When preschoolers come to your classroom in the fall, it is often their first classroom experience. For this reason, classroom management in a preschool must be well planned in advance. Use these tips to keep your preschool room running smoothly.
When three-year olds enter preschool, this is often the first time they are setting foot into a classroom. Setting expectations early-on is essential to a successful school year.
Preparing Preschoolers for the Classroom
One thing that worked well in my preschool classroom is a check in station for attendance. When my students arrived in the morning they were expected to find their name on the chart and flip over their card. Initially, I wrote their names each in a different color. This helped them recognize their name a little easier. Once the year progressed and they learned to recognize their name, I wrote the names all in the same color for a challenge. Then, the students had to look more closely at the letters and not just the color. You could also use popsicle sticks with the student's names written on them.
Assigning classroom jobs gives the students a sense of ownership with their classroom. Some options for jobs may include:
- setting up for snack
- line leader
- caboose (goes last in line)
- paper passer
- pledge leader
- attendance attendant (makes sure everyone has checked in on the attendance chart)
Jobs can be rotated on a weekly basis, giving the student several opportunities to learn his or her job. Teaching responsibility is the key when assigning these jobs. Set it up so that the students come in at the beginning of the week and each has to check the job chart and learn if they have an assigned job.
One classroom skill that preschoolers may struggle with is walking in a line. The sooner you press the issue, the easier the process will become. When standing in the front of our line, I would say to my students "One, two, three.....eyes on me." They would respond "One, two.....eyes on you." The goal was to get them all looking forward at me while in line. When I took over my preschool classroom, the previous teachers had line leaders who chose which line to do that day. It could be a doggy line, race care, or anything else the child chose. I did away with that practice to my older students, because once they enter Kindergarten, students need to learn how to walk in a straight, quiet line.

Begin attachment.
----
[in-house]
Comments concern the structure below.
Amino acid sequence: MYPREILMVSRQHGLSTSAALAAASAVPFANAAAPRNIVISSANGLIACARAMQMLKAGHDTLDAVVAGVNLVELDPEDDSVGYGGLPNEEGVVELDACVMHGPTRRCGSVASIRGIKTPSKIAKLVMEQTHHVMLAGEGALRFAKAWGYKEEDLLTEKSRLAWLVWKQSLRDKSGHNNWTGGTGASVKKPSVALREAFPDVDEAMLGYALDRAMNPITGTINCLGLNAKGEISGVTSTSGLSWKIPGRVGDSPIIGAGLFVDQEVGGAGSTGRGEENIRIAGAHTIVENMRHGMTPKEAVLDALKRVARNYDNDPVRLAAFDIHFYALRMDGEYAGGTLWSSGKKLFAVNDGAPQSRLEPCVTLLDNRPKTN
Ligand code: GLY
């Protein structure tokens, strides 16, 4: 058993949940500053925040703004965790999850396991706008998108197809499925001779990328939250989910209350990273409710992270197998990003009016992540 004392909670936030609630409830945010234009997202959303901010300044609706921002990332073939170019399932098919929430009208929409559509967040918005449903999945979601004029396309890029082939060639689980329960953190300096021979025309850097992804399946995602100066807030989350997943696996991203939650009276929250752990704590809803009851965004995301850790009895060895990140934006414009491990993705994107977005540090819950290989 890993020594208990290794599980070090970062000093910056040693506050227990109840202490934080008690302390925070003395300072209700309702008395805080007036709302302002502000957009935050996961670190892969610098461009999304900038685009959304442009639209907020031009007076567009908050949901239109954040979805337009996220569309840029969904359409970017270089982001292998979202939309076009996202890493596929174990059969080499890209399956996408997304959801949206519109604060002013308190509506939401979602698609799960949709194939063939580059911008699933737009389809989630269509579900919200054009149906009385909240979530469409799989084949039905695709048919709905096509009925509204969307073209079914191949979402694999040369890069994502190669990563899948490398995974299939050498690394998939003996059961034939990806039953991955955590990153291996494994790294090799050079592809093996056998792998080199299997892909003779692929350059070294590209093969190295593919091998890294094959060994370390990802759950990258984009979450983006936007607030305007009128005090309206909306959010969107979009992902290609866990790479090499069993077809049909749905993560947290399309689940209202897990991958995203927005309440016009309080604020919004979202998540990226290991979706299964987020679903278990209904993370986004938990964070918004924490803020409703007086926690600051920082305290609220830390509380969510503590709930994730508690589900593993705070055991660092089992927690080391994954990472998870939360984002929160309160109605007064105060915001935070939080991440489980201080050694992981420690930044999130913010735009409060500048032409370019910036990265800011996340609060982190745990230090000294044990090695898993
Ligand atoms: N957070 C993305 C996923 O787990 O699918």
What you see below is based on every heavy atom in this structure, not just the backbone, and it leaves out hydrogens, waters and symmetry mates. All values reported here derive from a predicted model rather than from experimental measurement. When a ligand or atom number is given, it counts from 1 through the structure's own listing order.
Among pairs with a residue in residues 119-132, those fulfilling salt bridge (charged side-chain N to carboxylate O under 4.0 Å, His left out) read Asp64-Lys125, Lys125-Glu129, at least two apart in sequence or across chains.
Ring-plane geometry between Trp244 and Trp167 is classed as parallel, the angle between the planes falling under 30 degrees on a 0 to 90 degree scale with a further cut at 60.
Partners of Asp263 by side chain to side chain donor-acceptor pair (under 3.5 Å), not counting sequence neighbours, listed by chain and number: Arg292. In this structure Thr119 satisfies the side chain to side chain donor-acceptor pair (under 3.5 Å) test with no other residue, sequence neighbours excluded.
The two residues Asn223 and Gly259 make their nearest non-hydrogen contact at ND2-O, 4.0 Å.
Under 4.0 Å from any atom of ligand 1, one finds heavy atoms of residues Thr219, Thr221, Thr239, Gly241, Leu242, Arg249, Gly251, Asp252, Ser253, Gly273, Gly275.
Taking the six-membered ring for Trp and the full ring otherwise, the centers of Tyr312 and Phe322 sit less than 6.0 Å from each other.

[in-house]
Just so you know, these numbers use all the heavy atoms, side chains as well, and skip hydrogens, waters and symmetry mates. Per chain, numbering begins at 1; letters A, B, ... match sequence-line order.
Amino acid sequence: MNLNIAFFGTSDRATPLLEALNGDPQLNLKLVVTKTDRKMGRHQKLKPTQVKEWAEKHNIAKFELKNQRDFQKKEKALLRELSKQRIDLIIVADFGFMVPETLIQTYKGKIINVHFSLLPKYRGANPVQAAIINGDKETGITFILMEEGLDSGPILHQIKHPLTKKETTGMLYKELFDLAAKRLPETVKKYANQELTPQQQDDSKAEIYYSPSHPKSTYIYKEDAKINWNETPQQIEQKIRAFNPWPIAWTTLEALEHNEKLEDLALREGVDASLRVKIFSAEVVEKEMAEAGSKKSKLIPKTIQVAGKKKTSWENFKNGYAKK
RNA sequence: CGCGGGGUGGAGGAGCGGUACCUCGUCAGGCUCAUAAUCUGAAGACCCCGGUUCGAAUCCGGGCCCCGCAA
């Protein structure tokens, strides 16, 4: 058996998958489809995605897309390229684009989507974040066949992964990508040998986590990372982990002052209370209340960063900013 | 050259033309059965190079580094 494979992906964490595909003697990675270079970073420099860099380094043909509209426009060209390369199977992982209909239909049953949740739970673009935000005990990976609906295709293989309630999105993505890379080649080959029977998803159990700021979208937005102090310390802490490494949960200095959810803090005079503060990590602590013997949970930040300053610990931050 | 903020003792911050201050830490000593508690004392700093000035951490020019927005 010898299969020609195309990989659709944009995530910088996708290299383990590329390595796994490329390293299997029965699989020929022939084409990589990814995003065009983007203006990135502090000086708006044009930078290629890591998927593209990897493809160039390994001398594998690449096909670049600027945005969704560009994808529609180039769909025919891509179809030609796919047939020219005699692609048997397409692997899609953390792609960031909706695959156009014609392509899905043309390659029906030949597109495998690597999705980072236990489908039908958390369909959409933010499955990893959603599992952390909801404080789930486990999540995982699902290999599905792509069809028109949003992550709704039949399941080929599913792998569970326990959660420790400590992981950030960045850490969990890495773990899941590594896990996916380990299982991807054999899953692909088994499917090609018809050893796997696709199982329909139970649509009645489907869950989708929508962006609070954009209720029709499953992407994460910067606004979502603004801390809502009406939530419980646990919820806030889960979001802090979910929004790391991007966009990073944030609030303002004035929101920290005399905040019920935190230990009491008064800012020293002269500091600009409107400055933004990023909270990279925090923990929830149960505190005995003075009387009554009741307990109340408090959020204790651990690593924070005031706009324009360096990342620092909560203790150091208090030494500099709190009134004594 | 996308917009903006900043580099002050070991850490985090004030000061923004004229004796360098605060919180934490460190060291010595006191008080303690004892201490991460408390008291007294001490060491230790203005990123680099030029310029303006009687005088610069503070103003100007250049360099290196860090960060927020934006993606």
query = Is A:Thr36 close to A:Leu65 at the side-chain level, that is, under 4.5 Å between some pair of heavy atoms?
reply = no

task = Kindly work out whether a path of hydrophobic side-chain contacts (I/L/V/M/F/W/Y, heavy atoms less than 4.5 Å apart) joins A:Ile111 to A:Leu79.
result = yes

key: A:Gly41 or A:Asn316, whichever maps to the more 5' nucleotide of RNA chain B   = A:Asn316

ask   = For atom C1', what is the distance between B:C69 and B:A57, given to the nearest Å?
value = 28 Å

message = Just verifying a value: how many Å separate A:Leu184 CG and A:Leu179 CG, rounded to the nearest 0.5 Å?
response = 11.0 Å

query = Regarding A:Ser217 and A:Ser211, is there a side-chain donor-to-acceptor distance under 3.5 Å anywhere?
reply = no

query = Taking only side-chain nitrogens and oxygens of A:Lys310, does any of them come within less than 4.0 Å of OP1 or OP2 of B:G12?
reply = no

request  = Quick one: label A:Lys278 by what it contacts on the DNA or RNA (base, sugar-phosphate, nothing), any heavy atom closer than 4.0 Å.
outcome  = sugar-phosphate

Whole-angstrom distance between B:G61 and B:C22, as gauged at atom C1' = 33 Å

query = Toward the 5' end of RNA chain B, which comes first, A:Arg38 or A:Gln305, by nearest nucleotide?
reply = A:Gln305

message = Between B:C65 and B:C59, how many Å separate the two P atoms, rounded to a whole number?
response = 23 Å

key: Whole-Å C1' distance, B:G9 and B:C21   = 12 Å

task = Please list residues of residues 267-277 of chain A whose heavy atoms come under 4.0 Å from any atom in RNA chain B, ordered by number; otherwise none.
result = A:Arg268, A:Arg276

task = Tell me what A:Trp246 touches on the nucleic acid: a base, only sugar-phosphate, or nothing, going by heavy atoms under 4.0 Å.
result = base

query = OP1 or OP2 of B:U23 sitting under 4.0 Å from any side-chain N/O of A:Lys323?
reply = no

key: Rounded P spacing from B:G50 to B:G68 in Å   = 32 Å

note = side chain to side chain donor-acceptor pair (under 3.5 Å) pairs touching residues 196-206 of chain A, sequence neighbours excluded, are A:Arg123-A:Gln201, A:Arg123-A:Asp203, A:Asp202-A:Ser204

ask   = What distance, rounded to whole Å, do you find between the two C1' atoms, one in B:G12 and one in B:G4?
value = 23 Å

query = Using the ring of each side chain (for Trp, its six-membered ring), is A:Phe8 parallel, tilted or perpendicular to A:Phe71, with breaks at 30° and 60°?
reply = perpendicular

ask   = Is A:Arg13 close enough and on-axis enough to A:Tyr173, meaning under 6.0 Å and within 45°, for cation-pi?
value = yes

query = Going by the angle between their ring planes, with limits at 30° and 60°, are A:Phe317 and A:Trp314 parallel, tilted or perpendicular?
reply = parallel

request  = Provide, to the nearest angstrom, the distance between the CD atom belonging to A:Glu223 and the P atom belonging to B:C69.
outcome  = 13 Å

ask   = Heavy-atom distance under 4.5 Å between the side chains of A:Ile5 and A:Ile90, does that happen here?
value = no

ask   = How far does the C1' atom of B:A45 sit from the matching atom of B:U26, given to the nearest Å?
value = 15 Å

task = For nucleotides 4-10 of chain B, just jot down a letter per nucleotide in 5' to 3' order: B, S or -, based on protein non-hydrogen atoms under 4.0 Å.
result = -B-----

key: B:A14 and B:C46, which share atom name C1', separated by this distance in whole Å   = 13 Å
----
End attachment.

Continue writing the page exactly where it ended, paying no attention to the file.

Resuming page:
Many preschool students struggle with transitions. When a child is playing at home, he is usually left to finish a task before having to move on to another. When in school, there are set times when a child needs to stop what they are doing and move on to the next activity. There are several things a teacher can do to ensure students make smooth transitions between activities:
Keep a set daily schedule. Students need structure, and if a schedule is followed, they will better accept transitions. If students know that snack follows play time every day, they can often better accept clean-up time. Routines help the day run smoothly.
Use a timer. If you have a group that has a difficult time transitioning from one activity to another, use a timer to count down the last five minutes of an activity. You may also want to use a timer during clean-up time. Preschool students often have difficulty focusing on cleaning up, and the timer gives them a goal and a finite time to complete their task. I had a clean-up song that we would play during clean-up and the room needed to be cleaned before the song was over. There was no punishment if we didn't clean it up in time, but that was always our goal. As the class learned the song, they soon knew how to pace themselves and could anticipate the end of the song approaching.
Change location. If possible, change locations for different activities. It may help to have one room for play time and another for quiet work sessions. This helps set the tone for the activity and students can identify a particular room with an activity.
Classroom management is all about planning. Every class is different; your class may be different from one day to the next. One absent student can make all the difference. Take the time to look at the needs of your group and take note of times when they need more guidance. Know when to take a step back and allow them to figure things out for themselves. As a preschool teacher, one of your goals is to get your students ready for Kindergarten and the structure of a classroom setting. Use the opportunities presented during the day to challenge your class to grow and develop their classroom behaviors.